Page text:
Family bicycle tourism mostly takes the form of single or multi-day trips. These services typically offer a mix of shorter distance routes alongside other kid-friendly activities. For example, a family cycling route could also offer access to surfing, ziplining, nature reserves, and other activities.
Family cycling tourism has grown significantly since COVID-19. Family cycling tours generally involve parents with children up to 14 years of age. Appealing to this demographic requires providing child-friendly biking equipment, like child seats or tandem bikes.
Touring and expeditions
Tour cyclists enjoy the physical activity of cycling, but it's not necessarily the most fundamental and significant part of their holiday. However, despite that, it's the biggest market in cycling tourism.
This kind of bike tourism could be considered more casual and leisurely and can include guided tours and sightseeing where a bicycle is the primary mode of transportation.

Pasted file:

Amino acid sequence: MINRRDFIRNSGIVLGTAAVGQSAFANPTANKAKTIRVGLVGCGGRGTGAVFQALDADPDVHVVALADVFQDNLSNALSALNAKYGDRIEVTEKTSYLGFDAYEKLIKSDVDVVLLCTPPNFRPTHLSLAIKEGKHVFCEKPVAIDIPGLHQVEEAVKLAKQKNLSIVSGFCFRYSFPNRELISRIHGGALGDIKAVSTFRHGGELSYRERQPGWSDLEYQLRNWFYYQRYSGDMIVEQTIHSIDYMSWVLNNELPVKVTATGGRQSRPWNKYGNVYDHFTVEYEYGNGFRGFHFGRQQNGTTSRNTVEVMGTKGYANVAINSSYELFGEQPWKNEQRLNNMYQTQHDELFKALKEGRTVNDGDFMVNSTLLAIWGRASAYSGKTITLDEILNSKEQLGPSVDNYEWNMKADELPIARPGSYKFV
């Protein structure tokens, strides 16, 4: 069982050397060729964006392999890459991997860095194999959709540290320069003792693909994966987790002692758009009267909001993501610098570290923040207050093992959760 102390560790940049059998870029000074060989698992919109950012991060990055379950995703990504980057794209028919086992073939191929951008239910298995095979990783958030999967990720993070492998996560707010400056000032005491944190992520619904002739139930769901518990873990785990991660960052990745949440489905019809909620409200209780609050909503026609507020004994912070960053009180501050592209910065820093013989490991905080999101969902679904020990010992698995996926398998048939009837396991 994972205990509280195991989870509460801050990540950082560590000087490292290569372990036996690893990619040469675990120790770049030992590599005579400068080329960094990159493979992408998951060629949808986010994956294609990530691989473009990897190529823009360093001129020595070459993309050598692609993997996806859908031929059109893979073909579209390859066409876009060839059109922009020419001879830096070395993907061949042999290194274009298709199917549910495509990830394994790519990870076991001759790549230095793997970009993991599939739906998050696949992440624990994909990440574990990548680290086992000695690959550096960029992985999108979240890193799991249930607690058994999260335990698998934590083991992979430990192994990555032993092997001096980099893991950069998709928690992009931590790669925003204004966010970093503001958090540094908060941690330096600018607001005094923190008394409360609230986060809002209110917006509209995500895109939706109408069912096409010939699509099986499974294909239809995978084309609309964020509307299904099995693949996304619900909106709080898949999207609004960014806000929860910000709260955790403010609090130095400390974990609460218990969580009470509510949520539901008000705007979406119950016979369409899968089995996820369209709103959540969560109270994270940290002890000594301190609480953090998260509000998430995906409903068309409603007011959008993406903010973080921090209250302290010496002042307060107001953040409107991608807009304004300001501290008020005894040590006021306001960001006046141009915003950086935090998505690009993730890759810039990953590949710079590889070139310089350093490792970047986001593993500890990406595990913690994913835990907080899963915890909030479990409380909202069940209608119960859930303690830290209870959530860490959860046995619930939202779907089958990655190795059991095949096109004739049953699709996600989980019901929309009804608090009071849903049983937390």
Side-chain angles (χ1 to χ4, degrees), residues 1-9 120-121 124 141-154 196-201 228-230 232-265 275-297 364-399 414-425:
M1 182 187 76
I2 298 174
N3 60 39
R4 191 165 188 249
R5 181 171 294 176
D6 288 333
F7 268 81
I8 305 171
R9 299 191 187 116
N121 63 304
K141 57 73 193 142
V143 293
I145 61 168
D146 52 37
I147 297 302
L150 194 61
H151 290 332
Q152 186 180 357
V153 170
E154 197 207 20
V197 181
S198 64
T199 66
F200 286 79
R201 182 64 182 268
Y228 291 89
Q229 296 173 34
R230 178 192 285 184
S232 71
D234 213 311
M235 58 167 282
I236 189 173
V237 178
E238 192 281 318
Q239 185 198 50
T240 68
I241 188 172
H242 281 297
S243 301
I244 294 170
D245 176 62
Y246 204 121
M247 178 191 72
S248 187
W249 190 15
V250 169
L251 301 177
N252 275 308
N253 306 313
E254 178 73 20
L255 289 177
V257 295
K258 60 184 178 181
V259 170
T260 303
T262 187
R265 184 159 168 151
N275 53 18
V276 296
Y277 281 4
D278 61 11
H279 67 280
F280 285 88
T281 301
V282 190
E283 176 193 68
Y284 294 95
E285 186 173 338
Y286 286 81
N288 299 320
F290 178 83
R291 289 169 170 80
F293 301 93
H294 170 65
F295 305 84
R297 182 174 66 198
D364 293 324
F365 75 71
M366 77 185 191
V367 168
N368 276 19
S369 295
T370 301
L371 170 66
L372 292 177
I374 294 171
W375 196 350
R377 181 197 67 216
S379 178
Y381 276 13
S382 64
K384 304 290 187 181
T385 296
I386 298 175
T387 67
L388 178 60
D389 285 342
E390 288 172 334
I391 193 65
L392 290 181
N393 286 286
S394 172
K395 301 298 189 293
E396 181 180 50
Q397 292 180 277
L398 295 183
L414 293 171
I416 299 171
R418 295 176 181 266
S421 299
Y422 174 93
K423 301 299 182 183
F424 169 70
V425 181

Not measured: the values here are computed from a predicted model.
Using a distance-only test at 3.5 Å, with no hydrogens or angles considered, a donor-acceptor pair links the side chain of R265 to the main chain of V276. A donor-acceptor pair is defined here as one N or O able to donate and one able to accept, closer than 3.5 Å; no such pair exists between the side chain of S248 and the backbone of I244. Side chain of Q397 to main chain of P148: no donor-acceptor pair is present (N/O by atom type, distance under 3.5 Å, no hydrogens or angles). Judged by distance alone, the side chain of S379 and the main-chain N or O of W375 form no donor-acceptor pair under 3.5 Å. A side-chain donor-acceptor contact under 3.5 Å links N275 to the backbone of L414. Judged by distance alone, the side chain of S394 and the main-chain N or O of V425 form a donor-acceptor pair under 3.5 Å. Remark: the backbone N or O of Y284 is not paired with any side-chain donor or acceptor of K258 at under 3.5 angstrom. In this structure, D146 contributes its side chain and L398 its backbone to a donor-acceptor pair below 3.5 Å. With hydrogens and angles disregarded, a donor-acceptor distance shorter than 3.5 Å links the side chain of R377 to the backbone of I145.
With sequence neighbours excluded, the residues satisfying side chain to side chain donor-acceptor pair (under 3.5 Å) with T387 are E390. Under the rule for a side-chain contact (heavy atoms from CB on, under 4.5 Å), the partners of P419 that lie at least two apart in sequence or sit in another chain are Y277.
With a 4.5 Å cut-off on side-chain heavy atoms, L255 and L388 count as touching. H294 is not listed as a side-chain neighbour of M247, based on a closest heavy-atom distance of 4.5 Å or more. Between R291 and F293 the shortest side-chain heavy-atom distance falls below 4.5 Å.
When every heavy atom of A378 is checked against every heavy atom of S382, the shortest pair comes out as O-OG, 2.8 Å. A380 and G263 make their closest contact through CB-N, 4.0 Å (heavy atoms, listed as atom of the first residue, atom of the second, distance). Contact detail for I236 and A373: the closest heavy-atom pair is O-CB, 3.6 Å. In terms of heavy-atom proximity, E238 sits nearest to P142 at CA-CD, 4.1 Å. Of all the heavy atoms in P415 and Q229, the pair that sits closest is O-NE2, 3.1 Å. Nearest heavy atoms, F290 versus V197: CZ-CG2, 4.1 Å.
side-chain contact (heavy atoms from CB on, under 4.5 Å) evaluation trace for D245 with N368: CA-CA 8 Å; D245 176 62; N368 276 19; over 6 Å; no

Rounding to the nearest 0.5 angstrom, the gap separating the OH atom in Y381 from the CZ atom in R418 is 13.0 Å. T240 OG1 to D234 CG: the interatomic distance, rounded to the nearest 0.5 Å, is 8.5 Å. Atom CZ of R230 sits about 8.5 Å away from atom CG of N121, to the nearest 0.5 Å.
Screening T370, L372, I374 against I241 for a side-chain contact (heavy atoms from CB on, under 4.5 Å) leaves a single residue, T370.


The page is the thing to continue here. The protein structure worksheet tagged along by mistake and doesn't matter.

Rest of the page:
Capturing this market requires ensuring there are plenty of local attractions, sights, and other things to do. Unlike other cycling tourists, biking isn't the destination in itself. So ensure that you include a well-designed route that offers plenty of activities.
Mountain bike tourism involves cycling over rough terrain in forests or mountains. Mountain bikers like the challenge of strenuous trails and a sense of adventure.
Typical mountain bikers are aged between 25-45. They are generally well-educated, with a preference for rugged topography. While some mountain bike tourists enjoy organized tourism, independent trips are their preference. However, when traveling abroad to exotic locations, they are more likely to avail of tour guide services guided by someone in their local language.
While some mountain bikers enjoy roaming and exploring, they generally go on specific, pre-defined routes.
Unlike other cycling tourists, mountain bikers only tend to cycle for a few hours per day. Mountain biking is high-impact on the body, so these travelers like to engage in other activities too.
Finally, mountain biking tourists are fussed about luxury. They're OK with basic food and accommodation, especially if it keeps the costs down.
Mountain biking as a niche market